After approximately 15-20 minutes, have students in each of the groups number off (one through four or five, depending on the number of students) and regroup with members from other groups with the same number (so that all "ones" form a new group, all "two's" form a new group, etc.) Each student should then present his or her research to the group, allowing students to ask questions for clarification.
4. HOMEWORK/WRAP-UP: Synthesizing all of the information explored in class, each student writes a position paper in support of or opposed to the tactics of the radical animal rights activists and eco-saboteurs described in the article. At a later date, teachers may choose to have the class debate the subject. Alternately, before leaving class, students might write down their opinion on the issue and then focus their papers on supporting the opposing opinion.
Further Questions for Discussion:
--What is terrorism?
--Are radical animal rights activists terrorists? Why or why not?
--Should animals be afforded the same rights to life and liberty as American citizens?
--Do you feel that groups like the Earth Liberation Front and the Animal Liberation Front have the right to speak "in the name of all that is wild"? Why or why not?
Evaluation / Assessment:
Students will be evaluated based on initial journal response, thoughtful discussion in class and small group research, and well-written position papers.s
incident, corral, primate, loose-knit, sabotage, escalate, liberator, prey, impinged, espouse, genetic, manipulation, perpetrator, anonymous
1. Brainstorm a list of domestic or international issues or causes about which you feel strongly. Choose one issue or cause, and write a position paper or persuasive essay espousing your feelings. When you are finished, proofread and mount your paper. Then, write a position paper or persuasive essay countering each argument that you made in your original paper. Mount this next to your original essay.
2. Interview members of your class, family, friends and acquaintances about the definition of terrorism. After your interviews, define terrorism. Decide whether terror is ever an acceptable weapon. Determine whether terrorism and violent acts of protest are synonymous. Create a poster or visual display that includes your definition of terrorism, survey responses and your analyses.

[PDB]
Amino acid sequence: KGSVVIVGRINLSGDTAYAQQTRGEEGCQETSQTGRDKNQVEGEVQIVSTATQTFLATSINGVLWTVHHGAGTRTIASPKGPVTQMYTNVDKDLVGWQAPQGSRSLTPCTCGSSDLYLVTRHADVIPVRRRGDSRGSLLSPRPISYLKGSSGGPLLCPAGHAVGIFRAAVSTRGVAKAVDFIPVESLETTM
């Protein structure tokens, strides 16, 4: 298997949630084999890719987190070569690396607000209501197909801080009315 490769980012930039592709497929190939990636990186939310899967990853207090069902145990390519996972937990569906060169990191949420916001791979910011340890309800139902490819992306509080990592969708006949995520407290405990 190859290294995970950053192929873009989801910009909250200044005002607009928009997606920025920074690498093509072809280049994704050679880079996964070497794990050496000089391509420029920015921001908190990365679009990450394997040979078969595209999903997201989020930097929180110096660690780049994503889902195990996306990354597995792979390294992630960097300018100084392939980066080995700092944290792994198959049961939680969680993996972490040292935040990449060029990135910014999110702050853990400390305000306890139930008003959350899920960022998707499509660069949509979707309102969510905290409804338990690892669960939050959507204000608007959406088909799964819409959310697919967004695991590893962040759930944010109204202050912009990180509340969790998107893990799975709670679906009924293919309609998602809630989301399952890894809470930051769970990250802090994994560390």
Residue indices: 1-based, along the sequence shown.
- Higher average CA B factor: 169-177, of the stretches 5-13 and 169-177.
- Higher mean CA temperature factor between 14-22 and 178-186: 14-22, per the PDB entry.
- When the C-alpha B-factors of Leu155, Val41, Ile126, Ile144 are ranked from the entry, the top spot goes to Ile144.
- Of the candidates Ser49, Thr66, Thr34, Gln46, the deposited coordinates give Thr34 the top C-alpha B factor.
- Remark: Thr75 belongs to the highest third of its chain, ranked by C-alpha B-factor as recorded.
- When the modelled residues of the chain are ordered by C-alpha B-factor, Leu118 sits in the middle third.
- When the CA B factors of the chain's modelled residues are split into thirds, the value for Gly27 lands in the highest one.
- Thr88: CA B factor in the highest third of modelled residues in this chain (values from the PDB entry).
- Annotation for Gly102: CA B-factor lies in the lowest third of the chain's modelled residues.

3. Does the continuation of animal rights protests signal that life is back to "normal" after the attacks of September 11? Write an essay about what defines a "normal" day for you and what has changed since the attacks on September 11, 2001.
4. Research companies that market themselves as "cruelty-free." How do these companies avoid testing on animals? Write a profile of one such company. Conversely, profile a company that does test on animals. What is its rationale for animal testing?
5. Create an illustrated timeline that traces the evolution of animal rights or ecological activism. When have protests turn violent, if ever? What groups have similar goals but different tactics?
6. Research the regulations concerning the care and treatment of animals in your community. Include research animals, domestic animals and wild animals. Create a public information packet that educates the public about the protection of animals (and the public) in your community.
American History- Research symbolic animals in American history. How did the donkey, the elephant, and the bald eagle become symbols of the country? What other animal symbols are present in American history? Make a chart or poster of animal symbols in American history. How does this reflect the prominence of animals in American history and culture?
Fine Arts- Create a political cartoon that expresses your feelings about animal rights issues.
Science- Research one endangered plant or animal species and create an action plan for its protection.
Technology- Both the Earth Liberation Front and the Animal Liberation Front use the Internet to espouse their philosophies. Critically analyze their sites. Be sure to focus on the following in your analysis: Authority - What is the authority of the author, and where did he or she come by the information? Bias - What is the bias of the author or site, and how is it reflected in the site? Timeliness - How current is the site? Is it using current or outdated information? If it is using old information, how might things have changed since it was last updated? Be prepared to report upon your findings to your classmates.
Other Information on the Web
The Animal Liberation Frontline Information Service (http://www.animalliberation.net/index2.shtml) aims "to provide an uncensored clearing house for information and news about animal liberation activities and activists."
Copyright 2001 The New York Times Company